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EM debt performance hit hard by COVID-19 in 1Q20

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The views expressed in these posts are those of the authors and are current only through the date stated. These views are subject to change at any time based upon market or other conditions, and Eaton Vance disclaims any responsibility to update such views. These views may not be relied upon as investment advice and, because investment decisions for Eaton Vance are based on many factors, may not be relied upon as an indication of trading intent on behalf of any Eaton Vance fund. The discussion herein is general in nature and is provided for informational purposes only. There is no guarantee as to its accuracy or completeness. Past performance is no guarantee of future results.

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      By Emerging Markets Debt TeamEaton Vance Management

      Boston - Emerging markets debt (EM debt) suffered significant losses, along with most capital market sectors, as a result of the dual shocks of the COVID-19 outbreak and plunging oil prices. With rare exceptions, the financial and economic stress from COVID-19 was felt universally across all EM risk factors and countries. Financial aid packages from central banks and fiscal authorities globally helped stem the decline toward the end of the quarter.

      Local-currency sovereign debt was hit the hardest, falling 15.22%, as measured by the JP Morgan Government Bond Index - Emerging Markets (GBI-EM), driven mostly by losses in foreign exchange (FX). The only factor for EM local debt with a modest positive contribution was carry, at 1.38% (see chart below).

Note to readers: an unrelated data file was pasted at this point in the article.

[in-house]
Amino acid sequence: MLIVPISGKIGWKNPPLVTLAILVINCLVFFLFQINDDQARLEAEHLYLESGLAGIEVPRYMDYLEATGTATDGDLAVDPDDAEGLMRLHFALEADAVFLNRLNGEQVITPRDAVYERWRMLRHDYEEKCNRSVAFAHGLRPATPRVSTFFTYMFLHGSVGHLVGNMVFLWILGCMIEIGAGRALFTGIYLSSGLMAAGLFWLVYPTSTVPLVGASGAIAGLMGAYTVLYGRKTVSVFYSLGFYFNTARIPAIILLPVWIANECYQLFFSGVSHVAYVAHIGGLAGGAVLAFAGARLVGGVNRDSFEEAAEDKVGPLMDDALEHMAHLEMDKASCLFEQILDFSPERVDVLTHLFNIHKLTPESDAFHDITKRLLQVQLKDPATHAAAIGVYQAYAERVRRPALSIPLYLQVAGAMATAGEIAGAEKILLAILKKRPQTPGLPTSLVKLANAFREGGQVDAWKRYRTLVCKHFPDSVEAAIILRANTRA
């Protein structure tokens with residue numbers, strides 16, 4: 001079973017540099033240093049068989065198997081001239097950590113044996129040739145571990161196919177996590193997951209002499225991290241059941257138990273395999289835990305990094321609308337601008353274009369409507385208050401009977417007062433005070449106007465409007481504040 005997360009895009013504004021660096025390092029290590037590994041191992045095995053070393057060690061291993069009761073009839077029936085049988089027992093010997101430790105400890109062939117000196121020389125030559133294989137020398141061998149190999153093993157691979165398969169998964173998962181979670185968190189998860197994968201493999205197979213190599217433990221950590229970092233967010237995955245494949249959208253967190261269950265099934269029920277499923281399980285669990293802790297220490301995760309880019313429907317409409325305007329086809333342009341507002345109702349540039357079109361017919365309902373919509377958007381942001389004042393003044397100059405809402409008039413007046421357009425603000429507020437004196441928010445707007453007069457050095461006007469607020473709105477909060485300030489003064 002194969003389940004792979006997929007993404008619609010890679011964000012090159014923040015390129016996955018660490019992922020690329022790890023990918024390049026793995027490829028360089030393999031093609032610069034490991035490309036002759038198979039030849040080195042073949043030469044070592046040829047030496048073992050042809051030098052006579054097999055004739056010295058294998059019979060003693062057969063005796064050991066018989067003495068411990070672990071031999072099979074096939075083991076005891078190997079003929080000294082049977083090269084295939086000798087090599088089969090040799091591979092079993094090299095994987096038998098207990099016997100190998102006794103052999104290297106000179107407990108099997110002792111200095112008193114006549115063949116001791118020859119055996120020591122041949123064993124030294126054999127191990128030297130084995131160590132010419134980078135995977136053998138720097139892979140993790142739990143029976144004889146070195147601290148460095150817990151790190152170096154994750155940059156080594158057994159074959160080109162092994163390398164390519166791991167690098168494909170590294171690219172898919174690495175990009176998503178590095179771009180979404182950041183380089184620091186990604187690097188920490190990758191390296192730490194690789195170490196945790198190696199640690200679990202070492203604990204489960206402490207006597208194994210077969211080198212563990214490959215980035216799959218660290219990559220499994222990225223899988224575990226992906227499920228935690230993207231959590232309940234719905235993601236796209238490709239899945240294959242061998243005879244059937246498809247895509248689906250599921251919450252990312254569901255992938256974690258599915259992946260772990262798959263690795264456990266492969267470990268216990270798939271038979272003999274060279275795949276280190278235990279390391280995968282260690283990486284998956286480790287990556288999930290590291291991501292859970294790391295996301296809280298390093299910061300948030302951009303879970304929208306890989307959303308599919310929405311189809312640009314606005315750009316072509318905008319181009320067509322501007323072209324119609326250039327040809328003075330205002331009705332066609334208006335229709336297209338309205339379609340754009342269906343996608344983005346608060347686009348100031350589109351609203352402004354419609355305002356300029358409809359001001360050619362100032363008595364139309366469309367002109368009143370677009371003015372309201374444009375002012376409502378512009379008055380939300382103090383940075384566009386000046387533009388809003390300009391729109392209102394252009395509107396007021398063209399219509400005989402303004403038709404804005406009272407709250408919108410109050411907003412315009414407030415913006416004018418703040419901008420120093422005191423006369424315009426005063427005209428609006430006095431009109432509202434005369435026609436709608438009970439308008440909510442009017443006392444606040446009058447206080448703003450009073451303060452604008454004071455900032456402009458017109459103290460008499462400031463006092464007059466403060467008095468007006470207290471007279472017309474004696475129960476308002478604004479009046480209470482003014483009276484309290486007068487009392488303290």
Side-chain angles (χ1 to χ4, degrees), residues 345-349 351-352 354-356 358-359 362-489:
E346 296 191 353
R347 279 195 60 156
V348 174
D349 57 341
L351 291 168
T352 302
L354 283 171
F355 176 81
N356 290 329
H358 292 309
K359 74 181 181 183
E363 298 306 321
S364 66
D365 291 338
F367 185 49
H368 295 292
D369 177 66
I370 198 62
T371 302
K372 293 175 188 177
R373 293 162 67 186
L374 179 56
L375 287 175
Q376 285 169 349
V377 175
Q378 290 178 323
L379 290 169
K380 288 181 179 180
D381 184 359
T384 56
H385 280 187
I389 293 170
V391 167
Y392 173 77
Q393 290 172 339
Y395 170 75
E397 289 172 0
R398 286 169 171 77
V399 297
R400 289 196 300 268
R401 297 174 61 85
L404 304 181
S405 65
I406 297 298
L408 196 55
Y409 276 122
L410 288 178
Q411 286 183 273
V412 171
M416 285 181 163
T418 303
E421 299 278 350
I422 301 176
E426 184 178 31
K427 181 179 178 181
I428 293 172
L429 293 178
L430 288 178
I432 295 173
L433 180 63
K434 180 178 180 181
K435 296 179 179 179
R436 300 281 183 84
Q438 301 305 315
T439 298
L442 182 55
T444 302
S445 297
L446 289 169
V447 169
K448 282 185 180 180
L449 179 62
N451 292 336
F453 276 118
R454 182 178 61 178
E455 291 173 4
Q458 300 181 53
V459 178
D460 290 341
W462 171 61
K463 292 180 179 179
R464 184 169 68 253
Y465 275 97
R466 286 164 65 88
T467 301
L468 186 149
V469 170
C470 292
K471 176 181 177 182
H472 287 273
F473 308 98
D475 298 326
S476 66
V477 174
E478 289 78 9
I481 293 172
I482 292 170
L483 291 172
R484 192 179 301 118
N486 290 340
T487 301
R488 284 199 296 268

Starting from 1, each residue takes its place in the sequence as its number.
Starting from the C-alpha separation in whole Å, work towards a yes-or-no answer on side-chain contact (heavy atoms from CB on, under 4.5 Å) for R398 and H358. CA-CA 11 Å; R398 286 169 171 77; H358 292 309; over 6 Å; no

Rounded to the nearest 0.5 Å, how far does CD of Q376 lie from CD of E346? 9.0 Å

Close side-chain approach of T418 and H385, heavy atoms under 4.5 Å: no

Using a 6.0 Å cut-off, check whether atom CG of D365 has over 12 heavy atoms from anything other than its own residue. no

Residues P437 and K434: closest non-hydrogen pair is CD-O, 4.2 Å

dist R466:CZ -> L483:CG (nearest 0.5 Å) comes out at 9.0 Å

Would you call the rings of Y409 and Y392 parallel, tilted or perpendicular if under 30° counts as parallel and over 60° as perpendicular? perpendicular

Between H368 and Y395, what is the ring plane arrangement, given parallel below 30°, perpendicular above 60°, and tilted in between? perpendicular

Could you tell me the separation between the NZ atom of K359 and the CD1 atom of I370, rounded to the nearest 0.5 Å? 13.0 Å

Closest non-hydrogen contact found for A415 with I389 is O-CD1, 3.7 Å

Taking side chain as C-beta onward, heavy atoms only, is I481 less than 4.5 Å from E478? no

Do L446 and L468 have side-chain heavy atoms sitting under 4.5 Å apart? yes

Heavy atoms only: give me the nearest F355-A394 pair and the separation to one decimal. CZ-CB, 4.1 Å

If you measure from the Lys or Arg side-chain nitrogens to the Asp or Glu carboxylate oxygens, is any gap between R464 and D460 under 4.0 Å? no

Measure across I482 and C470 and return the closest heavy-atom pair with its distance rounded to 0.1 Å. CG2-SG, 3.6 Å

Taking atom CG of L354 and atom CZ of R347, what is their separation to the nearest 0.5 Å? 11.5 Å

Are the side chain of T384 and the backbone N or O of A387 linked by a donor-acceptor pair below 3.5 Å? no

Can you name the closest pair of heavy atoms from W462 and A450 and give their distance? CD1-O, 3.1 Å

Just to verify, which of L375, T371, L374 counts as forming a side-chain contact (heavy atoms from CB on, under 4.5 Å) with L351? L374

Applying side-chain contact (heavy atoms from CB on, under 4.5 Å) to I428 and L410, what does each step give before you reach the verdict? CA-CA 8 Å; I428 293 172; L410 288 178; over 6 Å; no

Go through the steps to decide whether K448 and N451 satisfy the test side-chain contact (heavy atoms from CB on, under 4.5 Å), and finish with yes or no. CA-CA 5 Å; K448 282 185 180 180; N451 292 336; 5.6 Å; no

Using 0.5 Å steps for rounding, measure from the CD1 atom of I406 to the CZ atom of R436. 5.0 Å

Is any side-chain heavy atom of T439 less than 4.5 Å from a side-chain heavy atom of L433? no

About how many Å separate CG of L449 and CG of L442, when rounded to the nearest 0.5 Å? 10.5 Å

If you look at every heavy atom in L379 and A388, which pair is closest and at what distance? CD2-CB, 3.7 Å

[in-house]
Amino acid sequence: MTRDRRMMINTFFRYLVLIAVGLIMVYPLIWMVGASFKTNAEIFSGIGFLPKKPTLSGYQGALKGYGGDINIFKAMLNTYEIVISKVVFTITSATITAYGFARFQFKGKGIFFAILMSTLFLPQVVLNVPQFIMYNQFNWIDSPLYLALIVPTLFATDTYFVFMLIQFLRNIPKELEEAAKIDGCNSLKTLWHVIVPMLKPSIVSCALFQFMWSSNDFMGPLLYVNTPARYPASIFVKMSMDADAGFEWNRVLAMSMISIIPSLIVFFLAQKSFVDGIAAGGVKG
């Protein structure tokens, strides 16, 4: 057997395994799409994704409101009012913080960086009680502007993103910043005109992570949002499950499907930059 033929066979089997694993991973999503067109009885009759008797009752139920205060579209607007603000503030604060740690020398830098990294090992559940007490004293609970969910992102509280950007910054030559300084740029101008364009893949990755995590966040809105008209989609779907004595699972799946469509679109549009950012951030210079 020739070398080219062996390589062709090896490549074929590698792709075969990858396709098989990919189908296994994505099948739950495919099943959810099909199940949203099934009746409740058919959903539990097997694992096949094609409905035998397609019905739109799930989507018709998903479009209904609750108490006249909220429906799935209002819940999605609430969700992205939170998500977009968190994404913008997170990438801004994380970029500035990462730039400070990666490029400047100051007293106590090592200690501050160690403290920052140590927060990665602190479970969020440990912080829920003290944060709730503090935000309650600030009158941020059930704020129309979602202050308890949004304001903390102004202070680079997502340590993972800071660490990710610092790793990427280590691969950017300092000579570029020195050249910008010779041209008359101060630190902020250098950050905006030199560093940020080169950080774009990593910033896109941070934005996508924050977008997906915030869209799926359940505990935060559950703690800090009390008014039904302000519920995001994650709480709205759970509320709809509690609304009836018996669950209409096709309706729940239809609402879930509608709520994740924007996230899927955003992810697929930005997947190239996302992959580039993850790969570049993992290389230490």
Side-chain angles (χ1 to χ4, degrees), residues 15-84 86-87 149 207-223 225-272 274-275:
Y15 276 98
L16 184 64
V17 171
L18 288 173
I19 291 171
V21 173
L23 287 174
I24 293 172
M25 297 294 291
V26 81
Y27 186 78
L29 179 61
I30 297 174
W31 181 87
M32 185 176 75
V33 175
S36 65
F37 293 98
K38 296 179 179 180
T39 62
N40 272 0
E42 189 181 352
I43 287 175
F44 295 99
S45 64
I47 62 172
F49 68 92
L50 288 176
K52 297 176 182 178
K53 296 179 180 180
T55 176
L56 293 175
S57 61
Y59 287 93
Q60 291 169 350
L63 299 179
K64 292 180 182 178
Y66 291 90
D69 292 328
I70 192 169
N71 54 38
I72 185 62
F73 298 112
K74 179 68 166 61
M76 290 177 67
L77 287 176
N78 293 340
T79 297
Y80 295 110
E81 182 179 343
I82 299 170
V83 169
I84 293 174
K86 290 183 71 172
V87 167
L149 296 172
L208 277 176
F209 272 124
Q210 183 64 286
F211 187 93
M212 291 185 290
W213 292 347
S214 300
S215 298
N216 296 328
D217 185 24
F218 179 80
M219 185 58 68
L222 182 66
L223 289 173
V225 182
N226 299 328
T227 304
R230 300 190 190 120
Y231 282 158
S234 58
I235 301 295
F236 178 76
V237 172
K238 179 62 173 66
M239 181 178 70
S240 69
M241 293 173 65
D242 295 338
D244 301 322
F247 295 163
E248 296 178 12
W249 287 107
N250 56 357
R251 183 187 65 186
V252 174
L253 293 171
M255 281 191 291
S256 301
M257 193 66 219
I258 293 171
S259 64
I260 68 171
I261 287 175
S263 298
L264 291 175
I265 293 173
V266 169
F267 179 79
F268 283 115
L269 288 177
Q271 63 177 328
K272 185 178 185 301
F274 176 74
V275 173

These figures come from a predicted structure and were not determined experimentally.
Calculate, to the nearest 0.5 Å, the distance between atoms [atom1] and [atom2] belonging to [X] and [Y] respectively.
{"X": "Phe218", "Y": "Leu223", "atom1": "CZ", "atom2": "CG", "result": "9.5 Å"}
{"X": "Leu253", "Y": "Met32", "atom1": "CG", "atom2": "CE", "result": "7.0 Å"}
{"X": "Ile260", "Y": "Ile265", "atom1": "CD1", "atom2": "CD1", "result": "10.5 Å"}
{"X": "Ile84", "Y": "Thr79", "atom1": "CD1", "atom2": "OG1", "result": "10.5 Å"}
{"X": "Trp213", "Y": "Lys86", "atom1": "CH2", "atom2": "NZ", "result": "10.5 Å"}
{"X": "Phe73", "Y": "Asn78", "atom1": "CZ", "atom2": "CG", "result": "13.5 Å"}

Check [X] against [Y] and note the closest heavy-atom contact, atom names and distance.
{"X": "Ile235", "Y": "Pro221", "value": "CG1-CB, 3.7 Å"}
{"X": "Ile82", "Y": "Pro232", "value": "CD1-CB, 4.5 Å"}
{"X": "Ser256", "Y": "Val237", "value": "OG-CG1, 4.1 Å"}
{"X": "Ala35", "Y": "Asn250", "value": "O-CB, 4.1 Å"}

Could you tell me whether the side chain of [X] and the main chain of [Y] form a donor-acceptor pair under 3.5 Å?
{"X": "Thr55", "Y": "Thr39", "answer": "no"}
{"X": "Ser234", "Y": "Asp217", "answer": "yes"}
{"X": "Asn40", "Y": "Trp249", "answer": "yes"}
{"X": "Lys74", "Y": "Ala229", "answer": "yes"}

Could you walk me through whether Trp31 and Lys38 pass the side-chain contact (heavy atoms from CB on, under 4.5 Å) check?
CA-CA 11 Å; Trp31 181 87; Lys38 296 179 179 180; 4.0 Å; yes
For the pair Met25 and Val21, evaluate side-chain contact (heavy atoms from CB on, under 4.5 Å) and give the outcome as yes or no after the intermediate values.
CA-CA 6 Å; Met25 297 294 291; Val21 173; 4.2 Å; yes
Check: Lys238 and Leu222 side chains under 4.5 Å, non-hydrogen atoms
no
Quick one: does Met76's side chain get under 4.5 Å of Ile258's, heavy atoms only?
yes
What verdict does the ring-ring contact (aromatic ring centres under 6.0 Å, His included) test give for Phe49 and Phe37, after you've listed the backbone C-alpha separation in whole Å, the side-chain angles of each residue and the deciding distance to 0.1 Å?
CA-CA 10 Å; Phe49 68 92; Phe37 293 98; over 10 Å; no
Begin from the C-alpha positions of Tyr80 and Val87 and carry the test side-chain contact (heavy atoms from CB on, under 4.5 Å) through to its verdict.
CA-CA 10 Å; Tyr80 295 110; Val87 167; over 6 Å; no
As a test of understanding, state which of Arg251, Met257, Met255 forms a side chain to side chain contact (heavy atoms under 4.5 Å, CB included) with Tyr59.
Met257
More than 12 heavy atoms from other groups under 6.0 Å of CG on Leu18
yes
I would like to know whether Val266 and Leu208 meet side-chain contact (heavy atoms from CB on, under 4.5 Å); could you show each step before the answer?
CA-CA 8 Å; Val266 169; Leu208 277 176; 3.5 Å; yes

External sovereign (dollar-denominated) debt was down 13.38%, as measured by the JP Morgan Emerging Market Bond Index - Global Diversified (EMBI). But the total return number masked the extent of the sell-off in "hard-currency" EM debt because losses were partially offset by a 10.45% positive contribution from US Treasurys. As a standalone factor, sovereign spread widening accounted for 21.78% of the loss.

      EM corporate debt index declined by 10.17%, as measured by the JP Morgan Corporate Emerging Market Bond Index (CEMBI). As with the EMBI, decline in the CEMBI would have been significantly worse, at -16.95%, without the positive contribution of 6.78% from US Treasurys.

      Double-digit losses were mitigated only by US Treasury performance

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      Looking ahead

      Many emerging markets do not have the fiscal buffers and institutional capacity to effectively deal with a crisis of this nature, and debt distress for the most vulnerable countries will likely pick up materially. IMF support is beginning to roll out, but these programs offer loans, and many countries will need grants. The treatment of creditors remains an open question - one that will likely only be resolved once we get a fuller understanding of the fiscal threat to various EM countries.

      As the financial shocks settle in, focus will turn to individual country fundamentals. In fact, this has already started, as concerns with Turkey and South Africa mount. New names to the "watch" list include Angola, Sri Lanka and Oman.

      Bottom line: We expect the impact of the dual shocks of the virus and oil prices to be long-lasting. Governments have responded with unprecedented levels of fiscal and monetary stimulus, but their effectiveness remains to be seen. Thus, we are cautious on the asset class - professional due diligence and selectivity remain more important than ever.